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GOP former senator calls on Trump to reject ‘religious freedom’ order

Alan Simpson calls anti-LGBT discrimination ‘cruel and ugly’

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Alan Simpson, gay news, Washington Blade

Alan Simpson, gay news, Washington Blade

Former U.S. Sen. Alan K. Simpson urged President Trump to reject an anti-LGBT executive order. (Washington Blade file photo)

Former Republican Sen. Alan Simpson has become the latest voice calling on President Trump to reject a “religious freedom” order that would undermine LGBT rights.

In an op-ed published Wednesday in The New York Times, Simpson responds to what he says are “fringe-right groups and raging extremists” calling on Trump to sign an executive order enabling discrimination against LGBT people. Simpson’s advice to Trump is simple: “Don’t do it.”

“Aside from being cruel and ugly, permitting discrimination against LGBT Americans in the name of religion would fuel the progressive Democratic base, which devours these morsels of archaic predisposition and the expertly seizes on them — and the big bucks it raises would most likely be used to take you to court,” Simpson writes.

In a 2013 interview with the Washington Blade, Simpson said he sees no contradiction in his longstanding role as a conservative Republican and his support for equal rights for LGBT people. Simpson was among the Republicans who signed a brief in 2015 calling for the U.S. Supreme Court to legalize same-sex marriage nationwide, although he didn’t sign a similar brief in 2013 calling on the court to overturn California’s Proposition 8.

A draft version “religious freedom” executive order has circulated among federal advocacy groups and would enable discrimination on the basis of religious objections to same-sex marriage, premarital sex, abortion and transgender identity. The proposed measure would gut former President Obama’s 2014 executive order barring anti-LGBT workplace discrimination against federal contractors, even the White House issued a statement indicating Trump had planned to keep the order intact.

Media reports indicated Ivanka Trump and Jared Kushner convinced Trump not to sign the order, but White House Press Secretary Sean Spicer has said the administration will soon “have something” on the issue. However, White House Press Secretary Sean Spicer during a recent news briefing the administration will “have something” on the religious freedom order.

Stephanie Grisham, a White House spokesperson, had no comment in response to the Simpson piece and whether the White House would rule out a religious freedom executive order that would allow anti-LGBT discrimination.

“When we have something for you we will let you know,” Grisham said.

Read the full op-ed at The New York Times.

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Nellie’s agrees to $5,000 fine, 7-day license suspension over brawl

Penalty prompted by security guard dragging Black woman down stairs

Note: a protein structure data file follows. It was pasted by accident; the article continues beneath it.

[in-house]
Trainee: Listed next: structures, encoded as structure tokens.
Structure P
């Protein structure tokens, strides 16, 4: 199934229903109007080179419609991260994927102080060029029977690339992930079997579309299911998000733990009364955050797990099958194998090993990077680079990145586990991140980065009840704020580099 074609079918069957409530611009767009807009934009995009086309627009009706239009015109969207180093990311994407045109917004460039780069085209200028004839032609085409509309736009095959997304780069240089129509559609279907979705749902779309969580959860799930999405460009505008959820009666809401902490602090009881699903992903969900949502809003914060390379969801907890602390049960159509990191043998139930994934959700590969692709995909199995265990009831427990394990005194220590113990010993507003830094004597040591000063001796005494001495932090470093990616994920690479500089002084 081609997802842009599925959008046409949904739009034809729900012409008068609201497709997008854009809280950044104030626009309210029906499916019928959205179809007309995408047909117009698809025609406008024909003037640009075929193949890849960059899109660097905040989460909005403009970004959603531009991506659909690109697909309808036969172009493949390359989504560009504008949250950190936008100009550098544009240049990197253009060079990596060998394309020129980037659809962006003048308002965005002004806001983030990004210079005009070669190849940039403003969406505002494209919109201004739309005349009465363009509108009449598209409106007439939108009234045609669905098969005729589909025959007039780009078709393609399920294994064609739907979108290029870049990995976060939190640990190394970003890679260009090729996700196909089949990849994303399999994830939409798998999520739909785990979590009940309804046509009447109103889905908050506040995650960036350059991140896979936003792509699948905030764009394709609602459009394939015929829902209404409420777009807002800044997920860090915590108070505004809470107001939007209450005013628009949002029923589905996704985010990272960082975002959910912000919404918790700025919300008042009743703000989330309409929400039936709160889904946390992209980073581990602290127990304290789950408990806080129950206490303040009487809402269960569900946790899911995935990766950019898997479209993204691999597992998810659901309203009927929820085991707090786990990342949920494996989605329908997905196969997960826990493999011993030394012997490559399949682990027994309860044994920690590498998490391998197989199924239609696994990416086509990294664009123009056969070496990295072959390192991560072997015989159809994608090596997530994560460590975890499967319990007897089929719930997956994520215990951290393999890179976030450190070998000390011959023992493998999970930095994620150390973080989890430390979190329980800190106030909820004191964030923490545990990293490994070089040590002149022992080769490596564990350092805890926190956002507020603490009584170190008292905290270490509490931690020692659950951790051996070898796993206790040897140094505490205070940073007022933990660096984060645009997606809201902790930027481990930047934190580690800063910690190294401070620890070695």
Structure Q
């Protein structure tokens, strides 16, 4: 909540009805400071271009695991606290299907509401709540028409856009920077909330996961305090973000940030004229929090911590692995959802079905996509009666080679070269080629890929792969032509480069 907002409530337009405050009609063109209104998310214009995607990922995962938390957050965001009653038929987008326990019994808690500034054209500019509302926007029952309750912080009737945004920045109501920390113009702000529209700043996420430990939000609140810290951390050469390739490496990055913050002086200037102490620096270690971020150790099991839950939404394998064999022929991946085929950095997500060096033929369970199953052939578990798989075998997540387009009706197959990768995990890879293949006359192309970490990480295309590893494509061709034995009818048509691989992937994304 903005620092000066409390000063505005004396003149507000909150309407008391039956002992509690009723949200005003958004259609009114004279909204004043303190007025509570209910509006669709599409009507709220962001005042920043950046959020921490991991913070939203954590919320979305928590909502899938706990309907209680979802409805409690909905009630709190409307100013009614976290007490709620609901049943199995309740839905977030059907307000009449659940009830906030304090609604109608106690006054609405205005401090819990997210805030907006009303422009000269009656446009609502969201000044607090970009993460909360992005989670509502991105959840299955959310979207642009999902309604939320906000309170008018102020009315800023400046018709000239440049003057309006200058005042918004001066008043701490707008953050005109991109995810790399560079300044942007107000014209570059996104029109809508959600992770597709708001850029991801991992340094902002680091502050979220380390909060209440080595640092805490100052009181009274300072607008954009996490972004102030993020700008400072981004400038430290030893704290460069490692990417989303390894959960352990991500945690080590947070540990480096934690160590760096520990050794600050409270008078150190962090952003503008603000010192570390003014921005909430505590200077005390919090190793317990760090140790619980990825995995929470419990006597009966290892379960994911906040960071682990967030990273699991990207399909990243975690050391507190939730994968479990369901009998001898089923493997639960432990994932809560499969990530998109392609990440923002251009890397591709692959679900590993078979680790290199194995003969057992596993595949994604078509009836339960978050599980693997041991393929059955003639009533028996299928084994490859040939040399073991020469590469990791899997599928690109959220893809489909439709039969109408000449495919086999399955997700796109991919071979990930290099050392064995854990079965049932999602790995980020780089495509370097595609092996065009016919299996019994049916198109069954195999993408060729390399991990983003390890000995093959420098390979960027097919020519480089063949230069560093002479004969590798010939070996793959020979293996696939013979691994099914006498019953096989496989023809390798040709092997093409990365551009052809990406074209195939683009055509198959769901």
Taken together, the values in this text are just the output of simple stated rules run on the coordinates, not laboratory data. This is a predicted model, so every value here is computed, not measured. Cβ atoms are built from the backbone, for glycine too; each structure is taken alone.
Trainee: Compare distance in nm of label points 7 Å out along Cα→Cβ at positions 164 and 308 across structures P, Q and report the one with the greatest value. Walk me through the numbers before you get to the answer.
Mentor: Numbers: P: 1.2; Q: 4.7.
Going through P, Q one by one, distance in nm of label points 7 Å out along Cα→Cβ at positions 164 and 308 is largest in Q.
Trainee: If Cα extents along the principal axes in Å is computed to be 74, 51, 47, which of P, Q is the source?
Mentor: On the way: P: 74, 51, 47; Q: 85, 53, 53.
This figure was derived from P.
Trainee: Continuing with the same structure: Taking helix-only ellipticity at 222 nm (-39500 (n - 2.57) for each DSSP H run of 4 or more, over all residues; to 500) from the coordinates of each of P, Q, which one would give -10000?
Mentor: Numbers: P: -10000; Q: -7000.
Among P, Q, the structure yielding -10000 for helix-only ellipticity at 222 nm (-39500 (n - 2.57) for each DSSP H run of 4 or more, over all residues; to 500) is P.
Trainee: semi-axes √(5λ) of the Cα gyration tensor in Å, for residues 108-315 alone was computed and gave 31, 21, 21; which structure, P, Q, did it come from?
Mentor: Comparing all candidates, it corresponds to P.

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Nellie’s must pay a fine and face a seven-day license suspension over a June 13 brawl in which a Black woman was dragged down the stairs. (Blade file photo by Tom Hausman)

The D.C. Alcoholic Beverage Control Board on Wednesday, Oct 20, approved a compromise agreement it reached with Nellie’s Sports Bar that calls for the U Street, N.W. gay bar to pay a $5,000 fine and serve a seven-day license suspension over a June 13 incident in which a Black woman was dragged down a flight of stars by a Nellie’s security guard during a brawl between Nellie’s customers.

The agreement calls for a license suspension of 24 days with 17 days to be suspended and seven days to be served “so long as the Respondent does not commit any violations within (1) year from the date of this Order,” the ABC Board declared in a three-page order confirming the agreement.  

The order states that the license suspension will be served from Dec. 20-26 of this year. It also states that Nellie’s must pay the fine within 120 days from the date of the order. If the fine is not paid during that time “its license shall be immediately suspended until all amounts owed are paid.”

As a final stipulation of the agreement, the ABC Board states that Nellie’s must file a “legally compliant security plan” within 10 calendar days of the Oct. 20 order.

The security plan requirement stems from an earlier finding by the city’s Alcoholic Beverage Regulation Administration related to the June 13 incident that Nellie’s was in violation of several provisions of the city’s liquor law, including a provision that a security plan that meets the standards of the city’s liquor regulations is in place.

An ABRA investigation of the June 13 incident found, among other things, that “multiple assaults occurred inside the establishment while the licensee was engaged in a method of operation conducive to unlawful conduct.”

The action by the Nellie’s security guard, which took place during the city’s LGBTQ Pride weekend, was captured on video taken by one of the customers on their phone. The video went viral on social media, prompting a series of protests against the bar by LGBTQ activists and Black Lives Matter advocates.

Nellie’s issued an apology for the incident the following day and announced it had fired the private security company whose employee, who is Black, dragged Keisha Young, 22, down the stairs. Nellie’s also announced it would temporarily close for business to assess what had happened and develop plans for reopening as a safe space for all members of the community. It reopened 35 days later, with protesters continuing to assemble outside the bar for several more weeks.